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Hop on the Derrick Jones Hype Train

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Why the 19-year old academy product has what it takes to be a difference-maker.

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Remember when U.S. Men’s National team supporters were calling for former head coach (yes, that still feels good to say) Jurgen Klinsmann to cap-tie Tony Tchani? It seems like forever ago at this point, but in reality, its been over the course of the last 12 months.

Supporters were drooling over his ability to get from box to box with his 6-foot-4 frame, pass and combine with the likes of Wil Trapp and Federico Higuain, and even score the occasional goal, and rightfully so. Those types of players are few and far between. While we are all still years from seeing the final product, there is reason to believe that the Union may have, at the very least, the next best thing.

Derrick Jones, who came to Philadelphia from Ghana just four years ago, became the very first signing for USL affiliate Bethlehem Steel FC and eventually signed a Homegrown deal with the Union in July. Jones was a bright spot for the Steel in its inaugural season, scoring five goals and serving up three assists in 26 matches. At 6-foot-3 and 165 pounds, the reasoning behind the Tchani comparison is obvious, but it doesn’t stop there.

Jones has shown the tenacity and physicality to be a ball-winner at any level, break up plays from a deeper-lying midfield position, and cover loads of ground. The 19-year old has far more pace than Tchani allowing him to wreak more havoc in closing down space, winning 50/50 balls and making recovery runs. However, Jones tends to struggle a bit more with the ball at his feet.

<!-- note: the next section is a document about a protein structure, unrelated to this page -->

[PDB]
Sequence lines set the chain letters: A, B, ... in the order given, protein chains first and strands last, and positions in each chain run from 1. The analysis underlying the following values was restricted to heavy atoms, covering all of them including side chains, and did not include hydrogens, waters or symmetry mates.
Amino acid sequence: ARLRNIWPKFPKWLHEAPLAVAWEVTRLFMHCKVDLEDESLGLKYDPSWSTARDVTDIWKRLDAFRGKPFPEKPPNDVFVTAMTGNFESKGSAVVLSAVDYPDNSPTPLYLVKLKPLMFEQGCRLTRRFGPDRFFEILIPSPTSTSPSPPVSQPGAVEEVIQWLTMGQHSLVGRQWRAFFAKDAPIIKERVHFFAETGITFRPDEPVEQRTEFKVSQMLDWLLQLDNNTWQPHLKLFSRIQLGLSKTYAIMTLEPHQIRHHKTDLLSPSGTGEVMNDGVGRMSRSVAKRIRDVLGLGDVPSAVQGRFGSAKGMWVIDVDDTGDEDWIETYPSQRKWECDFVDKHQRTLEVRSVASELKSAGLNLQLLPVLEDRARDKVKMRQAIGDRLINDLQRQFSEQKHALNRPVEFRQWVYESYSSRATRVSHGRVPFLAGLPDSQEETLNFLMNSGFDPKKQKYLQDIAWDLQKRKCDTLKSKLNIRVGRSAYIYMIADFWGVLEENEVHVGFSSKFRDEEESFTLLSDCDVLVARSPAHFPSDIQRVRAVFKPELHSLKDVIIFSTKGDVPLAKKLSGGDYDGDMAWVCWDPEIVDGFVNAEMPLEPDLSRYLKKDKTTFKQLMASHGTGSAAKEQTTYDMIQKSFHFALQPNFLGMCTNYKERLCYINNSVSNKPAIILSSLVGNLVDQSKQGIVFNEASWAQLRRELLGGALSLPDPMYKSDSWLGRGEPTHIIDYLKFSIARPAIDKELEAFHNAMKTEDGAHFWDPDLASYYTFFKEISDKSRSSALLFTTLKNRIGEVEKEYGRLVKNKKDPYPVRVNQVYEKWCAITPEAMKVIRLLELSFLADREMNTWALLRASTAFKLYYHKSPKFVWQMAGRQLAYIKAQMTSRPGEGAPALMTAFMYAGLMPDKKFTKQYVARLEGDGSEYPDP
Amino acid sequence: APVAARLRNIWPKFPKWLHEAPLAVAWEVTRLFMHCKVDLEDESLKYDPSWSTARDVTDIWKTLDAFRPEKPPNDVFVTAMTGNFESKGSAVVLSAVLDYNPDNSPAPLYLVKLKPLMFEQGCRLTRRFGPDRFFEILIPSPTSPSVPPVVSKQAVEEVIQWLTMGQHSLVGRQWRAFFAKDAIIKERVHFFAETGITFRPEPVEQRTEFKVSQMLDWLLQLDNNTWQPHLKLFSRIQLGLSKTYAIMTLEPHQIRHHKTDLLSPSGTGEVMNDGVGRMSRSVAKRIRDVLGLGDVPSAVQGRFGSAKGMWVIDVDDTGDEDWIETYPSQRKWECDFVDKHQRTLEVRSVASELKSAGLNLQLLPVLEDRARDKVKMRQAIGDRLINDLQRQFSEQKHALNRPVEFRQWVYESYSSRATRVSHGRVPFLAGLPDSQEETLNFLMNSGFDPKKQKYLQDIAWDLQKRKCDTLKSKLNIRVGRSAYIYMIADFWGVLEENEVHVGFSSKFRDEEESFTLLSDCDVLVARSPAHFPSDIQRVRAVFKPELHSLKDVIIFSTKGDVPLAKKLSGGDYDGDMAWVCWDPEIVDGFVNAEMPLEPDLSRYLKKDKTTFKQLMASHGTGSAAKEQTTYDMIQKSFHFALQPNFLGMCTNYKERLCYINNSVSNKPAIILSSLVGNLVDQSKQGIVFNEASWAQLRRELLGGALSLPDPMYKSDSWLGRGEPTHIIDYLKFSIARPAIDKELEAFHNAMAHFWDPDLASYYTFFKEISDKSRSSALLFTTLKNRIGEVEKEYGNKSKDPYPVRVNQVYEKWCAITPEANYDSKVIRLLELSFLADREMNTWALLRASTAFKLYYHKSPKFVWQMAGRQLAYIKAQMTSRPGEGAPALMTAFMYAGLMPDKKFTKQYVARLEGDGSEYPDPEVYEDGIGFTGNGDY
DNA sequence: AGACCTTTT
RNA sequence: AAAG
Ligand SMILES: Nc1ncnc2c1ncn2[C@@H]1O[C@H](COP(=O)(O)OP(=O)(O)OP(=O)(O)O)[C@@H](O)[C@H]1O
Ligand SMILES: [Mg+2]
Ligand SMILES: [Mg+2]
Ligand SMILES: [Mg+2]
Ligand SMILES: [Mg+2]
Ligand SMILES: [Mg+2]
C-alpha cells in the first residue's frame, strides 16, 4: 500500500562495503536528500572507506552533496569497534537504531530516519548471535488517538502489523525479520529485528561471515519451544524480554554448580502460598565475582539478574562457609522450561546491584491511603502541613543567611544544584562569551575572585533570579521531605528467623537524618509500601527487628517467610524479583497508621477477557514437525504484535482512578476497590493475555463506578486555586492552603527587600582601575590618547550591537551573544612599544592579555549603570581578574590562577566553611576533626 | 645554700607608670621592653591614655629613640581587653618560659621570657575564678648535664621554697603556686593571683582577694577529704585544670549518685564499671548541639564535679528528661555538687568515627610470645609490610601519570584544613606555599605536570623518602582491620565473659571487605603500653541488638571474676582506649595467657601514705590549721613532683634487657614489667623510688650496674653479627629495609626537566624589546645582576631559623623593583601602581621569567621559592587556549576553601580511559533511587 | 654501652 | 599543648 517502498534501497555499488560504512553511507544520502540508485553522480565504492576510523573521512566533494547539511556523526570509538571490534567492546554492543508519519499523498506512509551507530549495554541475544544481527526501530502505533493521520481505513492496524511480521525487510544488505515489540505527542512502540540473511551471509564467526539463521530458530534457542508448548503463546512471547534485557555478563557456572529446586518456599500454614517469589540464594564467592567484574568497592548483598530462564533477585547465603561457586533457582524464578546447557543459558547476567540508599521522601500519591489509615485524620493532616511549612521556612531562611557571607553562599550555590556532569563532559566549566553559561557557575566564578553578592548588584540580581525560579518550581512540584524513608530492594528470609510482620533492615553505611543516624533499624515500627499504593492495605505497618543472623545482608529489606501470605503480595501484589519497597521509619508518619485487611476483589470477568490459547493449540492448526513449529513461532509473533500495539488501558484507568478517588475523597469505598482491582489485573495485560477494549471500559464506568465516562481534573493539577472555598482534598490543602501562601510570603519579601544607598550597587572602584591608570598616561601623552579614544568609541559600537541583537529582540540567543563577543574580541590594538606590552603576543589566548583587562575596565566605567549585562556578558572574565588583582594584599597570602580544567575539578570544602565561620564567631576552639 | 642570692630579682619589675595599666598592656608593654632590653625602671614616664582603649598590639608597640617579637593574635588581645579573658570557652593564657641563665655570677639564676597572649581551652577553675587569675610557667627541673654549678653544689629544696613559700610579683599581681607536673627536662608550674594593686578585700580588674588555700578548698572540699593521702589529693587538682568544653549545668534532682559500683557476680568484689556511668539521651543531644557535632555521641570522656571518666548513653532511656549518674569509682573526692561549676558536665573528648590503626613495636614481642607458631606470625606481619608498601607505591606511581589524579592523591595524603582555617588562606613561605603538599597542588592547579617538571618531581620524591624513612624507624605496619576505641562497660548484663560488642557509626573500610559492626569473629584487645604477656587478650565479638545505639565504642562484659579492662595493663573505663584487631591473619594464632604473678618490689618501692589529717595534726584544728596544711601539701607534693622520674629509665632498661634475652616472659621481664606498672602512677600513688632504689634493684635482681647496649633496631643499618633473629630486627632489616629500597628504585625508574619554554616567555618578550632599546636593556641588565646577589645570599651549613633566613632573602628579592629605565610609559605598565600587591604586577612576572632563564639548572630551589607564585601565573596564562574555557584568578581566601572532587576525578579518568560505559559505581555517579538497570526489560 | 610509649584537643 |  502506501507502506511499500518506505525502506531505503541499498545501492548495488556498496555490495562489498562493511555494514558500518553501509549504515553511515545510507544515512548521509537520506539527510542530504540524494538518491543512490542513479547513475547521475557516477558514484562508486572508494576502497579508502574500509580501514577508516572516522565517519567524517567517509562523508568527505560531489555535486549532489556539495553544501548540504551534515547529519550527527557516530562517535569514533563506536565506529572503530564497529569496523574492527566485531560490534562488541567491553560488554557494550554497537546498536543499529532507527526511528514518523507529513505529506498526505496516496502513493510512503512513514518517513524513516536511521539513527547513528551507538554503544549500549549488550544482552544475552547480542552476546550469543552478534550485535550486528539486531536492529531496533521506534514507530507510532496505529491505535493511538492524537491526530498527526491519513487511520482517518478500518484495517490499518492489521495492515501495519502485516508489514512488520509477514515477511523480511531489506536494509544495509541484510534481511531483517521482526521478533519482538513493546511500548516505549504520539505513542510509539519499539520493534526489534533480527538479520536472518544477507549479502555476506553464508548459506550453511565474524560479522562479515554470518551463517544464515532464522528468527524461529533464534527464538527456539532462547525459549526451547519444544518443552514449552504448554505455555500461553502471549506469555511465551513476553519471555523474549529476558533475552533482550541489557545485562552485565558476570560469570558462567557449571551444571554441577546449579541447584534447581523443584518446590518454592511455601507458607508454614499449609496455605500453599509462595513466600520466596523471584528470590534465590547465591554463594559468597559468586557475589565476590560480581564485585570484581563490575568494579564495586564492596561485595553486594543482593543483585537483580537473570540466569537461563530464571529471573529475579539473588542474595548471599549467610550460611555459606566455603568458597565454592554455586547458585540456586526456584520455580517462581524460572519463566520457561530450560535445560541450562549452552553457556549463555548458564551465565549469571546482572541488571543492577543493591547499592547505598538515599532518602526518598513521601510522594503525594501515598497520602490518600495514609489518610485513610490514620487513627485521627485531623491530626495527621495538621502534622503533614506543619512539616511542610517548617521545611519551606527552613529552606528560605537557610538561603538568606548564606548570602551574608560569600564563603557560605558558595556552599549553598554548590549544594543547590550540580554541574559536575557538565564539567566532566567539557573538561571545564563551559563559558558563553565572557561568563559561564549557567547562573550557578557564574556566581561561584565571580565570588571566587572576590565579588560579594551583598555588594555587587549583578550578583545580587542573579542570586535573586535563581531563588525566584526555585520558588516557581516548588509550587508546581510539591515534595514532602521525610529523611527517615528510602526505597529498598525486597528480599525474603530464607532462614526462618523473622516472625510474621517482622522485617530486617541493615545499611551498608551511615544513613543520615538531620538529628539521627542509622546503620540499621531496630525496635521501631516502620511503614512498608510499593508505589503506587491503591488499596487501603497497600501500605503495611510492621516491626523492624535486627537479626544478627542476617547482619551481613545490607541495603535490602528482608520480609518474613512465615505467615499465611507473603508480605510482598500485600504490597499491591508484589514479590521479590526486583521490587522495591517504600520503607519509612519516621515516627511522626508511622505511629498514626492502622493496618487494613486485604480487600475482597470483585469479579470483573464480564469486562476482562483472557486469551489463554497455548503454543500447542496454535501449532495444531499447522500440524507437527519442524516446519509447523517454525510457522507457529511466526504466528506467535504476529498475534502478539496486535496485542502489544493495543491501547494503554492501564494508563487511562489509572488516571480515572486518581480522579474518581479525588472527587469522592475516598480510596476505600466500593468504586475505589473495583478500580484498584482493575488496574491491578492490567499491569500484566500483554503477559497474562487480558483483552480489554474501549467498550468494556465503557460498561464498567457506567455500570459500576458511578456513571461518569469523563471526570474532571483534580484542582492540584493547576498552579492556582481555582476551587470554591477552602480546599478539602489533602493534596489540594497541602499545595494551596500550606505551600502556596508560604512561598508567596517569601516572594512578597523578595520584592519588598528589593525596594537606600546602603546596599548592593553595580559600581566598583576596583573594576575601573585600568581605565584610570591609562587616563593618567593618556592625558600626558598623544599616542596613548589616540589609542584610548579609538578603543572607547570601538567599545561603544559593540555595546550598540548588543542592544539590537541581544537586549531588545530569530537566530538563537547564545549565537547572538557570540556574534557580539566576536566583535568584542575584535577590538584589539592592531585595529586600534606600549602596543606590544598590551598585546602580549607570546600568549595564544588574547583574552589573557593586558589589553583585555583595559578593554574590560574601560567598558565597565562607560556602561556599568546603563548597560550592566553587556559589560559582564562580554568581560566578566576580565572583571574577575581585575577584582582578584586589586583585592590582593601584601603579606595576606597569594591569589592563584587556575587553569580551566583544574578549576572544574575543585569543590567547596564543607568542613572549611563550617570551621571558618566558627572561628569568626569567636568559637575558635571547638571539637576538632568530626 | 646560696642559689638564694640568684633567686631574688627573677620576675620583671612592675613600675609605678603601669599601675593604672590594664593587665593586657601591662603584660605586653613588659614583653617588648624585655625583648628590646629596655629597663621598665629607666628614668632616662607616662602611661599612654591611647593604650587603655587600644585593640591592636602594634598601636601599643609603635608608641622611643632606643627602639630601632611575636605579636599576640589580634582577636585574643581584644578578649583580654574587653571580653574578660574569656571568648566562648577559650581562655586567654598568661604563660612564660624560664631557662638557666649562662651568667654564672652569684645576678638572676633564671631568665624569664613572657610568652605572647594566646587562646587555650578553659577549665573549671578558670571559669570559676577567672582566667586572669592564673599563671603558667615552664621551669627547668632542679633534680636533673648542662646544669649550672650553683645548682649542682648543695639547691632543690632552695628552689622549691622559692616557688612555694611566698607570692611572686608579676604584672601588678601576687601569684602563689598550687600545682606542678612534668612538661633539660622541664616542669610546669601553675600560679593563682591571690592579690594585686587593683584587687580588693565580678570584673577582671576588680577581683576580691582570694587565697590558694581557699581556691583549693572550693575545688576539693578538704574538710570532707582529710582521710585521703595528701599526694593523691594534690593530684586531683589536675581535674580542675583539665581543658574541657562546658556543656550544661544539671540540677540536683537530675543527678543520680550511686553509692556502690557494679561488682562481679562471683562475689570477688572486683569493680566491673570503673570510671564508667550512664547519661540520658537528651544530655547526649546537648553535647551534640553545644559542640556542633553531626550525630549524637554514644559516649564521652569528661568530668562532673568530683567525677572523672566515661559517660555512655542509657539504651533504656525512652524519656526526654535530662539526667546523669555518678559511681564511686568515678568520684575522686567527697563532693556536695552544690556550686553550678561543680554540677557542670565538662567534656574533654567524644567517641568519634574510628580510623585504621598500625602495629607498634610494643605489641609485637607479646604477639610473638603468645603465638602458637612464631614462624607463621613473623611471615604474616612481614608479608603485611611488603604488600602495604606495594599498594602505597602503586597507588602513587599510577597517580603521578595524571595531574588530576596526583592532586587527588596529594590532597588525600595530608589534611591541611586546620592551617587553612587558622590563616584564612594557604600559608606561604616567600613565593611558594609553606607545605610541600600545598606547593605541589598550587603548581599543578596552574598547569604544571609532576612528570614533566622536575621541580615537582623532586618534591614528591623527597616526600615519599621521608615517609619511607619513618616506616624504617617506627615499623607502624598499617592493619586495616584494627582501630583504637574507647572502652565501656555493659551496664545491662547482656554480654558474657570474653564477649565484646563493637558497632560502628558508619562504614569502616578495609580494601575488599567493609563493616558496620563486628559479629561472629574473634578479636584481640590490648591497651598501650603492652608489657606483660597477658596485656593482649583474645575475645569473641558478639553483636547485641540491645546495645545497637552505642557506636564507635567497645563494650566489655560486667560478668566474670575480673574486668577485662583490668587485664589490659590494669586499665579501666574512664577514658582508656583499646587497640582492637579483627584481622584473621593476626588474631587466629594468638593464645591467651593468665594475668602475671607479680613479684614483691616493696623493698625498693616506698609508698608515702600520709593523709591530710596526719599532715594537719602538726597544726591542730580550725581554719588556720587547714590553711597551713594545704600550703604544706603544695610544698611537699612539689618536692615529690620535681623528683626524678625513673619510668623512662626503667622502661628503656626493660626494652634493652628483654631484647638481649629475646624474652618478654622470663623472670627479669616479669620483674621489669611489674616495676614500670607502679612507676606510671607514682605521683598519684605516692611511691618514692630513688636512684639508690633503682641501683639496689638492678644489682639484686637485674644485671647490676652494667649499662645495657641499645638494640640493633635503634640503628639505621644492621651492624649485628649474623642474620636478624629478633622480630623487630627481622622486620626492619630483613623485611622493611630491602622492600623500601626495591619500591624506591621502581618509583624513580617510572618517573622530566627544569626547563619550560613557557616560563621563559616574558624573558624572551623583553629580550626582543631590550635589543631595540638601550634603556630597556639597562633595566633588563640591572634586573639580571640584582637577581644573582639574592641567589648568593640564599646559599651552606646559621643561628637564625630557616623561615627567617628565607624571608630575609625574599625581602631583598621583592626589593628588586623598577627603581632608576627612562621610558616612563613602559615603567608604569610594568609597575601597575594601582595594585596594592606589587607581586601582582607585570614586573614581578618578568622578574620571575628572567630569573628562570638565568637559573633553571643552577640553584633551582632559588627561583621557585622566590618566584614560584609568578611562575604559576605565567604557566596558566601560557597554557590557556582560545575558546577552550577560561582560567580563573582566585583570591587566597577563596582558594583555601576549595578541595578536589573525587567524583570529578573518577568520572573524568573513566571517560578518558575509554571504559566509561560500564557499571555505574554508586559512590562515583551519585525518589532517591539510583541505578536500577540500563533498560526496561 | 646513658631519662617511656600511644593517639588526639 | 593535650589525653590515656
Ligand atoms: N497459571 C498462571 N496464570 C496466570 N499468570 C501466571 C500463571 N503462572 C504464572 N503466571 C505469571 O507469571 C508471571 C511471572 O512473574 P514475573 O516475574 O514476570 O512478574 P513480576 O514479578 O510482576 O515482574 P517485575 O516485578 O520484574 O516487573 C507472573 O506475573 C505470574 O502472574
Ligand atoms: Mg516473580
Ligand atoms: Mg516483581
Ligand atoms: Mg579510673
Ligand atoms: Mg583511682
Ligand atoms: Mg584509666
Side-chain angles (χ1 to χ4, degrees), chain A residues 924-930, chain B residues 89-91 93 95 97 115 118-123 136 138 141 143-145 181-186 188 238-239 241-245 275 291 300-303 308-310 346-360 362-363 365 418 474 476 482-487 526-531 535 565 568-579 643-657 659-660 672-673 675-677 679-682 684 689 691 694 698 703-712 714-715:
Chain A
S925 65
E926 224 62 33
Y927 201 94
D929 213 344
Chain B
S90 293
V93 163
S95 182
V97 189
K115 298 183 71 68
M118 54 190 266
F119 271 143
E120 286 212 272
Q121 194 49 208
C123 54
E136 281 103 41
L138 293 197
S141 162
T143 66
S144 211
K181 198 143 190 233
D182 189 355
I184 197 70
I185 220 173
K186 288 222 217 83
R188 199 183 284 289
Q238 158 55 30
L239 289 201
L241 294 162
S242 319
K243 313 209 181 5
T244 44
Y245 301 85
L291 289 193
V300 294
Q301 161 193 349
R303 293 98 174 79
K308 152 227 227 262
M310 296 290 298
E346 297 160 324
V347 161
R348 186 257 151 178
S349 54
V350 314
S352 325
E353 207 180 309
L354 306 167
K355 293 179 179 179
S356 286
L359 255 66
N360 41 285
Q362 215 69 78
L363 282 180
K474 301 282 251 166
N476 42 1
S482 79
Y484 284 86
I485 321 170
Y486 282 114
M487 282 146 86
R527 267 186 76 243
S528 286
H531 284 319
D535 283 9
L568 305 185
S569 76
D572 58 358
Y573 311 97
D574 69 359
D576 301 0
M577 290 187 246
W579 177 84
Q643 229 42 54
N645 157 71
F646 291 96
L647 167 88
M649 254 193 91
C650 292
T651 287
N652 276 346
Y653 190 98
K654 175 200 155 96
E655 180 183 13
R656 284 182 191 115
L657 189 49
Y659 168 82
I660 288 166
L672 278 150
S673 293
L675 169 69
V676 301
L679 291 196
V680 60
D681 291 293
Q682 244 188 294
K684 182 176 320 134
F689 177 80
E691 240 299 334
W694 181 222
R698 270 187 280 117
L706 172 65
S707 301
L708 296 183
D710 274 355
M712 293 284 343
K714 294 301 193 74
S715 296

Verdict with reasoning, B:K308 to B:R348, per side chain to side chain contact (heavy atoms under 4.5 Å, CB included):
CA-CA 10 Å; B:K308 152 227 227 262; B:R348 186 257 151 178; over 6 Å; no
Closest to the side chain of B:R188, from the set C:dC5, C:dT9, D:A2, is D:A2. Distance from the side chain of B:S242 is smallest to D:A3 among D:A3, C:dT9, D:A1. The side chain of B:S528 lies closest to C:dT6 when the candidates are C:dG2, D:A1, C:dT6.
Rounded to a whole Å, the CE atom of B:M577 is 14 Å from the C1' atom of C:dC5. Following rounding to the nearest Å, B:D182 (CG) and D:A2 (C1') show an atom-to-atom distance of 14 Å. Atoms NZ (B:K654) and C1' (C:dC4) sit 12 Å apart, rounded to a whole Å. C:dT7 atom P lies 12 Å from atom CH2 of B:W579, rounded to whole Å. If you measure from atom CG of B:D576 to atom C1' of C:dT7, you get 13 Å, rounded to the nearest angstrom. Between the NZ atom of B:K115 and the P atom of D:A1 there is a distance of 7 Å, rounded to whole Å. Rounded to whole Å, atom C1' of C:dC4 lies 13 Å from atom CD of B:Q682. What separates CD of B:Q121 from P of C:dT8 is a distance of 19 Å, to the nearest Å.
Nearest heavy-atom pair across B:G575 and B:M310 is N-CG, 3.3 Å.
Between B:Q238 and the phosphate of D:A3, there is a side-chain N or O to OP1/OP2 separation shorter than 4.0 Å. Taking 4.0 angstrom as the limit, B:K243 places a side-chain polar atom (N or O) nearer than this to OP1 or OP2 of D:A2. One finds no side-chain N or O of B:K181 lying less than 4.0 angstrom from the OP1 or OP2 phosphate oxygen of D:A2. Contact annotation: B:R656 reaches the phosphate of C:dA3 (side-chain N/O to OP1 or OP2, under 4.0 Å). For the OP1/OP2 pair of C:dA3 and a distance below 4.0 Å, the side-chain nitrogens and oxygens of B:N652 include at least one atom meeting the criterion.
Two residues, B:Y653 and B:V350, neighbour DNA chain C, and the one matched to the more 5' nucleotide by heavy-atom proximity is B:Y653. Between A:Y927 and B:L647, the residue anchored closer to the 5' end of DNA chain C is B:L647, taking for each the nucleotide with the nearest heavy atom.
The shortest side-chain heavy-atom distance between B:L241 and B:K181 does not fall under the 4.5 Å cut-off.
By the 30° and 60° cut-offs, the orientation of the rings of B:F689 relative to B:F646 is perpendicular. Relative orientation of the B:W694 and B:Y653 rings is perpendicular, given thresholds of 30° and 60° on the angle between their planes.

While his athleticism and power stood out at the USL level, if not improved, his inability to play in tight spaces could significantly hurt his chances at a successful MLS career. Despite his glaring weakness as a technical player, he is still just 19. If Jim Curtin, Mike Sorber and company can develop his touch to even the point of an average MLS player, his raw talent will do the rest.

The Union were historically poor after the calming presence of Vincent Nogueira left the club. Earnie Stewart tried to replace the Frenchman by signing the ever-so-steady Alejandro Bedoya. While Bedoya was a significant improvement over any of the alternatives that the blue-and-gold had on the roster, the team never returned to the form that they were in to start the season.

If the Union elect not to go after a like-for-like signing this offseason to replace Nogueira, but instead look to veterans like Warren Creavalle or Jones, they will have big shoes to fill. While Jones is not even remotely similar to Nogs, he does offer a different skill set than anyone else on the roster.

“Obviously he’s a young player and has a ton of room to grow.” Curtin said of Jones back when he signed his MLS deal. “He had some great plays today in training and he also had some ones where we had to teach lessons. He’s 19 years old, a baby still - but a kid that has potential.”

Curtin is far from the only one that sees his potential, but that kind of praise from the head coach bodes well for a young player. Curtin also went on to say, “I want to be known as a coach that plays young players and gives them the opportunity to show what they can do. At some point, my dream is to have six or seven of them out there with the right mix of international players sprinkled in and a competitive team that this city can embrace.”

Whether or not Jones will get opportunities to play right from day one in 2017 has yet to be seen, but with the current lack of depth in midfield means he should get chances throughout the year. Brian Carroll will turn 36 this season as well so barring a big signing, Jones should see the field a bit in his first full season.

Ultimately, experience will only further the youngster’s development. Regardless of how he performs in the upcoming season, it should be a great learning experience for a player who, in my eyes, will eventually be a force to be reckoned with in the Union midfield.